A Washington state judge has tossed out a public interest group’s lawsuit against Fox News, claiming that the network violated consumer protection laws via its coronavirus coverage.
The Washington League for Increased Transparency and Ethics, or WASH LITE, sued the network in early April, claiming that its coverage violated the state’s consumer protection laws by engaging in a “campaign of deception and omission regarding the danger of the international proliferation of the novel coronavirus.” Also named in the lawsuit were parent Fox Corp. and two channel distributors, AT&T and Comcast, as well as Rupert Murdoch.
Judge Brian McDonald wrote that the public interest group’s “professed goal in this lawsuit — to ensure that the public receives accurate information about the coronavirus and COVID-19 — is laudable. However, the means employed here, a [consumer protection] claim against a cable news channel, runs afoul of the protections of the First Amendment.”
In its motion to dismiss, Fox News outlined instances where where its hosts warned of the severity of the crisis. The Reporters Committee for the Freedom of the Press and NCTA — The Internet & Television Association filed an amicus brief in the case in support of the network.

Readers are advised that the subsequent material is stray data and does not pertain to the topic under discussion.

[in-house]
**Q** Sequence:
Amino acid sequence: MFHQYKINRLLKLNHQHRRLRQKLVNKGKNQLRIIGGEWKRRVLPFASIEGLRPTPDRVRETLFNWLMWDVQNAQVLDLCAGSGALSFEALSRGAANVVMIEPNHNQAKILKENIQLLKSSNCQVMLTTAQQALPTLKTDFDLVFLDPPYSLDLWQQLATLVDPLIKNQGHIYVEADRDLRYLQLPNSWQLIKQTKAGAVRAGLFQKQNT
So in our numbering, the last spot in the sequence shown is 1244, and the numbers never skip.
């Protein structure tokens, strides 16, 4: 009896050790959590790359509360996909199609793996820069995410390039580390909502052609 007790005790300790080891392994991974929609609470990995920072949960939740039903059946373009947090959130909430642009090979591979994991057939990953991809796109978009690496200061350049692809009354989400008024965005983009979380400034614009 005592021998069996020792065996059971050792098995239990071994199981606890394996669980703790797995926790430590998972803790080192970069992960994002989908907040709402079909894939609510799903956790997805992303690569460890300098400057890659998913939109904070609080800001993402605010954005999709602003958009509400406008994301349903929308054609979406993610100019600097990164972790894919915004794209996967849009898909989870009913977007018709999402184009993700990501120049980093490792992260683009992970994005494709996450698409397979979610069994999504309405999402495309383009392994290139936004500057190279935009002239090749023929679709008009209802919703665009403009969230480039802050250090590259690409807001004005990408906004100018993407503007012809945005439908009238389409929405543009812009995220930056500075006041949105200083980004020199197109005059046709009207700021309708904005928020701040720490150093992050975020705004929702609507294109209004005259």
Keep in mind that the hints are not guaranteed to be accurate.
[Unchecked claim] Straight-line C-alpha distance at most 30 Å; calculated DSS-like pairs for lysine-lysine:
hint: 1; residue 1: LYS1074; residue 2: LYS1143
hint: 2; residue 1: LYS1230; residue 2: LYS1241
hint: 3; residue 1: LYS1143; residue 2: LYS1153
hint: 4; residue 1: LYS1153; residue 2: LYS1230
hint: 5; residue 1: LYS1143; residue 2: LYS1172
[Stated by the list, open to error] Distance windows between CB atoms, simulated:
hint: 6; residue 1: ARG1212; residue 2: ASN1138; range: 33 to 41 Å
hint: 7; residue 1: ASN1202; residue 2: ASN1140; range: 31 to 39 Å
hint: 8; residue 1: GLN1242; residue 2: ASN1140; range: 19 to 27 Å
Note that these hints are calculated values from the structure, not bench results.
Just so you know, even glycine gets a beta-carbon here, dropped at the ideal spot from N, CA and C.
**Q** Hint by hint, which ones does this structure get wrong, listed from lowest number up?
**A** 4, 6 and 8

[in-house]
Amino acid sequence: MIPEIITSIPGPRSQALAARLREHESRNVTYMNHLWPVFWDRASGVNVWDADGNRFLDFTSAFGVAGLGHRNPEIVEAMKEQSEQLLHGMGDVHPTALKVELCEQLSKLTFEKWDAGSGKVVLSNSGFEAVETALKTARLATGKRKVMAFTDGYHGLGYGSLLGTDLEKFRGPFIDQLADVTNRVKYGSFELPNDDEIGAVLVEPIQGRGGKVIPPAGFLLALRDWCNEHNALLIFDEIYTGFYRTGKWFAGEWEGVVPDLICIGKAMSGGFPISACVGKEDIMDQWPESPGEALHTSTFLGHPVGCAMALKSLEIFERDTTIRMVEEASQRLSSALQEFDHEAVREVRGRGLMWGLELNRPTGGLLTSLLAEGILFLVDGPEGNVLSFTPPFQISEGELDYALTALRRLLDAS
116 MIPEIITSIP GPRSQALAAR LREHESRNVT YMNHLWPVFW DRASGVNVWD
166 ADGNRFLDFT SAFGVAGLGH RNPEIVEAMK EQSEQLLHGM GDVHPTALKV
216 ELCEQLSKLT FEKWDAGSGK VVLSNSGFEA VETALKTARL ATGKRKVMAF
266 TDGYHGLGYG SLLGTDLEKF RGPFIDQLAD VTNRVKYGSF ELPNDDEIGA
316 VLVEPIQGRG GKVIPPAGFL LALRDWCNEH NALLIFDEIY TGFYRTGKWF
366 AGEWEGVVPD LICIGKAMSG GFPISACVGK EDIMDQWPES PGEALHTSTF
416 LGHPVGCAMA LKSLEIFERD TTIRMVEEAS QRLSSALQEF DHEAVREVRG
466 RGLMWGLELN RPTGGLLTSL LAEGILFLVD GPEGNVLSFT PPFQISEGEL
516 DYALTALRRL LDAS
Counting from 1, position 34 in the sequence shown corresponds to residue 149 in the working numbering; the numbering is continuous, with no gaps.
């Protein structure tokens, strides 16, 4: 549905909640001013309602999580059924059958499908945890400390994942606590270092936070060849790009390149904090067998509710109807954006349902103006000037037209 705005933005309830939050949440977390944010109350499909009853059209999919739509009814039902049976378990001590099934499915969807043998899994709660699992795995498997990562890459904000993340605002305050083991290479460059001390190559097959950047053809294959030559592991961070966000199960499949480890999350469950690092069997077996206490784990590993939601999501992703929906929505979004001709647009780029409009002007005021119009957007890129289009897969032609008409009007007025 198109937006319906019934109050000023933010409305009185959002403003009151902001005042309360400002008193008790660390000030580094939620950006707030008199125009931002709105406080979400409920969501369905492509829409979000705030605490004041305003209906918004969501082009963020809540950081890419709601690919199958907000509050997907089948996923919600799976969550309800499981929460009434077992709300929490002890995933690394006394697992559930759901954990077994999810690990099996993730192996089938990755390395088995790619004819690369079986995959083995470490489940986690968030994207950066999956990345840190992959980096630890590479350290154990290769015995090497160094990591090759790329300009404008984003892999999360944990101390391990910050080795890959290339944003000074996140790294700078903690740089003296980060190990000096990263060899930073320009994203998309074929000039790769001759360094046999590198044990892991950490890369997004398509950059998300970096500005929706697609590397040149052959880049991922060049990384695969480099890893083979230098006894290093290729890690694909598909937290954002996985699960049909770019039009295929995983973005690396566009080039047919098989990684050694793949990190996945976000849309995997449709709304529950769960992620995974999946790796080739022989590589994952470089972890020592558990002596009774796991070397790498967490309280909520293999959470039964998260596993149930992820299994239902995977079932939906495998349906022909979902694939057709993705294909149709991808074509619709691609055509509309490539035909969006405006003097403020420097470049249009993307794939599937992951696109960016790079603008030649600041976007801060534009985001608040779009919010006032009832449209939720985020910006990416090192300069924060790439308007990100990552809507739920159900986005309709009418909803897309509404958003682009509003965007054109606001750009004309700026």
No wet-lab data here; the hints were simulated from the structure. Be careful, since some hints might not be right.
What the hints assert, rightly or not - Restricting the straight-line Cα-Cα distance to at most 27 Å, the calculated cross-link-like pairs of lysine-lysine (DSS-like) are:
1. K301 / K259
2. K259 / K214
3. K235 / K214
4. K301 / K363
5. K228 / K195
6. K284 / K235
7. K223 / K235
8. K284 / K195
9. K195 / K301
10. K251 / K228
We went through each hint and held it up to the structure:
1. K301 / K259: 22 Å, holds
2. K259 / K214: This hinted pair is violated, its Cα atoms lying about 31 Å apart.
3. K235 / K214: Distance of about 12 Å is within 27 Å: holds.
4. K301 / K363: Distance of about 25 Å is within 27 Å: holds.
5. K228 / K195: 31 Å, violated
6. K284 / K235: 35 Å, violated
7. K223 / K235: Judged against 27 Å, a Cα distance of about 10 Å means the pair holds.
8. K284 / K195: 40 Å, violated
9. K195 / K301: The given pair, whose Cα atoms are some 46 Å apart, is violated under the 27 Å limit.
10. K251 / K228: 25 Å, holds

In a statement, the network said, “Using a false portrayal of Fox News Channel’s commentary, WASHLITE attempted to silence a national news organization to settle a partisan grievance. This was not only wrong, but contemptuous of the foundation of free speech and we are both pleased the court dismissed this frivolous case and grateful to the First Amendment community that rallied to our side.”
The WASH LITE lawsuit specifically cited statements made by Fox News personality Sean Hannity and then-Fox Business host Trish Regan on March 9, arguing that they acted in “bad faith to willfully and maliciously disseminate false information denying and minimizing the danger posed by the coronavirus.”
In one of their replies, Fox News said in a brief that WASH LITE “cannot hide that their assault on the First Amendment rests on a false portrayal of what Fox’s commentary actually said. Fortunately, in all events, the Constitution protects Fox’s speech even accepting the Complaint’s distortions.”
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